Take the 2-minute tour ×
Stack Overflow is a question and answer site for professional and enthusiast programmers. It's 100% free, no registration required.

What is the motivation of having functional dependencies in Haskell ?

One example of a functional dependency:

class (Monad m) => MonadSupply s m | m -> s where
  next :: m (Maybe s)

It is stated in the RWH book, that functional dependency helps the type checker. How does it actually help ?

Also, this piece of code actually compiles:

class (Monad m) => MonadSupply s m where
      next :: m (Maybe s)

But I guess, it will produce an runtime error.

share|improve this question
add comment

1 Answer

up vote 8 down vote accepted

It's perfectly fine to write code not using functional dependencies, it's just a pain to use since the inference sucks.

Basically without FDs, the function get :: MonadState m s => m s will have to figure out m and s independently. Usually m is quite easily inferred, but often s would require an explicit annotation.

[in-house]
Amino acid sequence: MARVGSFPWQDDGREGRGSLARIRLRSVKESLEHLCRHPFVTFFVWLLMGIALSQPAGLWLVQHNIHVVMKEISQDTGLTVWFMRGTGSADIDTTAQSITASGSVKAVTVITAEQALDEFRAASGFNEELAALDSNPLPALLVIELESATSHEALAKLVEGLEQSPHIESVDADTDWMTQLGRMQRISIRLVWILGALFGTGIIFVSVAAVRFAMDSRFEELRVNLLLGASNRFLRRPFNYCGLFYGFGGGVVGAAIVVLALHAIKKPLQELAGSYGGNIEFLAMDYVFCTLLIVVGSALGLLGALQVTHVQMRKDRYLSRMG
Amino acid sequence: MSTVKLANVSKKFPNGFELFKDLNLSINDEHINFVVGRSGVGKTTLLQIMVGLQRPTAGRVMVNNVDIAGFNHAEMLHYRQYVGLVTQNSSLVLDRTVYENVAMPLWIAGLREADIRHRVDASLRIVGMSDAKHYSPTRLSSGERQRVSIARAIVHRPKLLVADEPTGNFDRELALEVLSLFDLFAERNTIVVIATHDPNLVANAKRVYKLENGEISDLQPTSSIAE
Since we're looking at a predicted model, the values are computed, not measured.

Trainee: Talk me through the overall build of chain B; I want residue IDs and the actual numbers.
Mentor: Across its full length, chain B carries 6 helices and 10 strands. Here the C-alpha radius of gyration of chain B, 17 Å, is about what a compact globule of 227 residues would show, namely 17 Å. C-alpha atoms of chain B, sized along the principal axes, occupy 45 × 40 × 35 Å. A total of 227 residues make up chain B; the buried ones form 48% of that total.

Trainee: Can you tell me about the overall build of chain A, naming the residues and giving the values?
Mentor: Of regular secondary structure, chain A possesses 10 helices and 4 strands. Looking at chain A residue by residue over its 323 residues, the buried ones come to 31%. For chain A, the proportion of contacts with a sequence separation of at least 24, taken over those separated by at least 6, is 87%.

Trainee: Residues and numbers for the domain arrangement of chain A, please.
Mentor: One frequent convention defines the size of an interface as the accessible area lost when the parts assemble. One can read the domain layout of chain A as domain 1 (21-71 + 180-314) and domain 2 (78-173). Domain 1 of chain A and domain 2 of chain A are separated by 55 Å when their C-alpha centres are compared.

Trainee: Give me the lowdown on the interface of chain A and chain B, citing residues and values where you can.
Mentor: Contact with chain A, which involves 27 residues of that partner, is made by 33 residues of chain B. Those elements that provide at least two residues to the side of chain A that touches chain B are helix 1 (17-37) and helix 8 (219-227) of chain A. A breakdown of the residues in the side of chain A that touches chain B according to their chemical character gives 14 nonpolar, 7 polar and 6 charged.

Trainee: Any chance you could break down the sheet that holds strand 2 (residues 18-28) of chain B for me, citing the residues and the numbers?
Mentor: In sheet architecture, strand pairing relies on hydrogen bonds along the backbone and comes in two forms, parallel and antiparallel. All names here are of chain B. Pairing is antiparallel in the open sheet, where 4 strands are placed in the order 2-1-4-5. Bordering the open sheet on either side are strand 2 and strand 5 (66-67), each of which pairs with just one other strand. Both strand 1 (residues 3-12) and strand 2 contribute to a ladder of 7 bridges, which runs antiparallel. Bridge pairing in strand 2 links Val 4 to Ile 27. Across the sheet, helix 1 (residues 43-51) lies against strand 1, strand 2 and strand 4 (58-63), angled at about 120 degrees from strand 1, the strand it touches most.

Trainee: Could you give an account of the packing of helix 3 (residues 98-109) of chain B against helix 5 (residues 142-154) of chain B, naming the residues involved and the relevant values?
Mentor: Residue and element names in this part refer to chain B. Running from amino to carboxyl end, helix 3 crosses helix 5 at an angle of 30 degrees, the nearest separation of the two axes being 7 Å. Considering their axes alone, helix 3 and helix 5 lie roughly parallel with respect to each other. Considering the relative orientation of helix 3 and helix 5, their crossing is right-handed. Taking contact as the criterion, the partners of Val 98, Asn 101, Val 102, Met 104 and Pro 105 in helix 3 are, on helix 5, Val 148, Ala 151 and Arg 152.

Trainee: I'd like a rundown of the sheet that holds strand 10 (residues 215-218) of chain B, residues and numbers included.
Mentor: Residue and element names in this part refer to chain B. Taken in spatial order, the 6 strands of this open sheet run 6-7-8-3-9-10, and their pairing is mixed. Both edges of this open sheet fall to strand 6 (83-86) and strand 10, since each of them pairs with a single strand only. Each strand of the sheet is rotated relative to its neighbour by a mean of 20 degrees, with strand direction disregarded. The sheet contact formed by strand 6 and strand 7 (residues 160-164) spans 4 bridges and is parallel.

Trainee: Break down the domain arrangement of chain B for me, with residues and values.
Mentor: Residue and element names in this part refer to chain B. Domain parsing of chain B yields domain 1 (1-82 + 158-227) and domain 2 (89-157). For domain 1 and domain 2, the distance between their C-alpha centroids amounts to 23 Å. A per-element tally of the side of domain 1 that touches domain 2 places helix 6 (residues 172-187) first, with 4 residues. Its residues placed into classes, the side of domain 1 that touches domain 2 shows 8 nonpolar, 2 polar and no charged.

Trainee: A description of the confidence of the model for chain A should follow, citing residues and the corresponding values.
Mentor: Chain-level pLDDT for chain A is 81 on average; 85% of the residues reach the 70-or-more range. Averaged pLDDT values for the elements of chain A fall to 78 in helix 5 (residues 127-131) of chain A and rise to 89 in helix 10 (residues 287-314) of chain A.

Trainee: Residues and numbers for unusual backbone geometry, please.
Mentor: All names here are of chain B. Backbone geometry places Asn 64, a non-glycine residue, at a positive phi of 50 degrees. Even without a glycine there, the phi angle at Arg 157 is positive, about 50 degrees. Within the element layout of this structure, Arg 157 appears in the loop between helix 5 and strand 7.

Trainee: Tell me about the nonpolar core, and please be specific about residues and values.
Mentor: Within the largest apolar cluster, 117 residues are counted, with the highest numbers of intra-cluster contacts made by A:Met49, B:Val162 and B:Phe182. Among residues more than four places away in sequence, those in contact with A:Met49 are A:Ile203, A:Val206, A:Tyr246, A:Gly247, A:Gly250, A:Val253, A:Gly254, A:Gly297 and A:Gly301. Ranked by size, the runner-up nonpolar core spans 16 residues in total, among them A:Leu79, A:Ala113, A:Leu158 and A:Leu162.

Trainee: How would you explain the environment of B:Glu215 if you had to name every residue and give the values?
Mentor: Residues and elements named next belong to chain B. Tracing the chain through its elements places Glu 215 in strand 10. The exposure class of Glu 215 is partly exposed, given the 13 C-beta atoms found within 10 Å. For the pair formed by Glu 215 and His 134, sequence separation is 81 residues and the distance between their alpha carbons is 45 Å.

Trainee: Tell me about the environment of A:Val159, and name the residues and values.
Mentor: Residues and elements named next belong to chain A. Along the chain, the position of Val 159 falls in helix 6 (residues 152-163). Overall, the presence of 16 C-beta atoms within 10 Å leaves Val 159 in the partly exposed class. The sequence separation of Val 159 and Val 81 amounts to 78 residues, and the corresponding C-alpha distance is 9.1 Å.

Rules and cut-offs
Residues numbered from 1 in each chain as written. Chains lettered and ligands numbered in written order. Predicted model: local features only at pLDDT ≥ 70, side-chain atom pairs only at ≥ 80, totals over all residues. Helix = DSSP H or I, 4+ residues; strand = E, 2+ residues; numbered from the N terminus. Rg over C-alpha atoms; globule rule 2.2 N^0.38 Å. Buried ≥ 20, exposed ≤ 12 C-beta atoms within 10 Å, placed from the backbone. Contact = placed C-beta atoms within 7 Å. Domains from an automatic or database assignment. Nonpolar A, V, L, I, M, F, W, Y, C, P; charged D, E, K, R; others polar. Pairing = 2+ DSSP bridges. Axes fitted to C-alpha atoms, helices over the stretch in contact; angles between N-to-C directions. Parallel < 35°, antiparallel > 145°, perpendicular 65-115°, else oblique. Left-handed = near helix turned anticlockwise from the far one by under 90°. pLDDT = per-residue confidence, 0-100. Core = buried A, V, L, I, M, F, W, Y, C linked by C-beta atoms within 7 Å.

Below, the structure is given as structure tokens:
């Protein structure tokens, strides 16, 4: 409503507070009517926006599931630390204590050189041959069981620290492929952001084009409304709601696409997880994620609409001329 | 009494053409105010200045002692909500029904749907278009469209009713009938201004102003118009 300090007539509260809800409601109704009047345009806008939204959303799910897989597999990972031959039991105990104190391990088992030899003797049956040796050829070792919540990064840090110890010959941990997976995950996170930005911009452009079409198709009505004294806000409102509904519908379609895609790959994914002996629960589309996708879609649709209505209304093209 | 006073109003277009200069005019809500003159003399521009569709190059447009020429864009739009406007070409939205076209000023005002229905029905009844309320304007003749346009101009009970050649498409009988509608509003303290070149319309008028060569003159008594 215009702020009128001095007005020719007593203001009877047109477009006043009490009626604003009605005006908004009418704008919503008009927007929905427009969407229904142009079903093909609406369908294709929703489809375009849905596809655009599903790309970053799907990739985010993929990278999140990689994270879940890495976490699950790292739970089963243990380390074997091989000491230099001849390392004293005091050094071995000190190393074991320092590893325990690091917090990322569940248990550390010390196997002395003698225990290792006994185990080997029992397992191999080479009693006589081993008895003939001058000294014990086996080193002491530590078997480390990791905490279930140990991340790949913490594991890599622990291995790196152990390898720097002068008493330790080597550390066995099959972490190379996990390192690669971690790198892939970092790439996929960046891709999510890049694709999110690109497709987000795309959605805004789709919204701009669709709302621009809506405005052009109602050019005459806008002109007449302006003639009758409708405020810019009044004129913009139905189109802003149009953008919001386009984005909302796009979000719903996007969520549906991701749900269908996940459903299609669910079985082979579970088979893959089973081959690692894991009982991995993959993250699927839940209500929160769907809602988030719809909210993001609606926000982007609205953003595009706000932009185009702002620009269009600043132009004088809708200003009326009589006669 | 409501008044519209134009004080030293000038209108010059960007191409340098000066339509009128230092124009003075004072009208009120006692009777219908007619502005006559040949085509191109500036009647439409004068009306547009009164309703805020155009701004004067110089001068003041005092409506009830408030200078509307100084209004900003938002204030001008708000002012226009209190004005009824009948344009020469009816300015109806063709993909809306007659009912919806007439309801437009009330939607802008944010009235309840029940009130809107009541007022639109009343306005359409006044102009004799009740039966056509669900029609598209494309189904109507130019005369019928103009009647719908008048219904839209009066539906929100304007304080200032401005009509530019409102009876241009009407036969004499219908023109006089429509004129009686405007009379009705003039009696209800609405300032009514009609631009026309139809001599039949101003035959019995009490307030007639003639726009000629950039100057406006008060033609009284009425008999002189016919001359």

Moreover, this is much more general than we need, so instead we can restrict our typechecker to say "For m, there is exactly 1 s", this way, once m is inferred, s is obvious to the type inference algorithm

share|improve this answer
    
I cannot understand how For m, there is exactly 1 s. If we tell, for m there is exactly one s, then why not write them as MonadSupply m m ? (I know that I'm sounding crazy :) ) –  Sibi Dec 11 '13 at 18:24
    
@Sibi Because s is usually different, for example with MonadState, we have StateT s and s, clearly for all StateT s we really just want to use s. –  jozefg Dec 11 '13 at 18:26
    
Any given "supply monad" will typically only supply one type! For example if you have m = MySpecialSupplyMonad s that supplies values of type s then you know from the type "MySpecialSupplyMonad s" the supply type by just reading the type argument "s". Thus s can be said to functionally depend on m. –  Tom Ellis Dec 11 '13 at 18:27
    
I think the type signature should look like this: get :: MonadState s m => m s ? –  Sibi Dec 11 '13 at 18:31
    
@jozefg, thanks for your effort. But I'm still not able to grasp it. I have asked a new followup question. –  Sibi Dec 11 '13 at 18:55
show 1 more comment

Your Answer

 
discard

By posting your answer, you agree to the privacy policy and terms of service.

Not the answer you're looking for? Browse other questions tagged or ask your own question.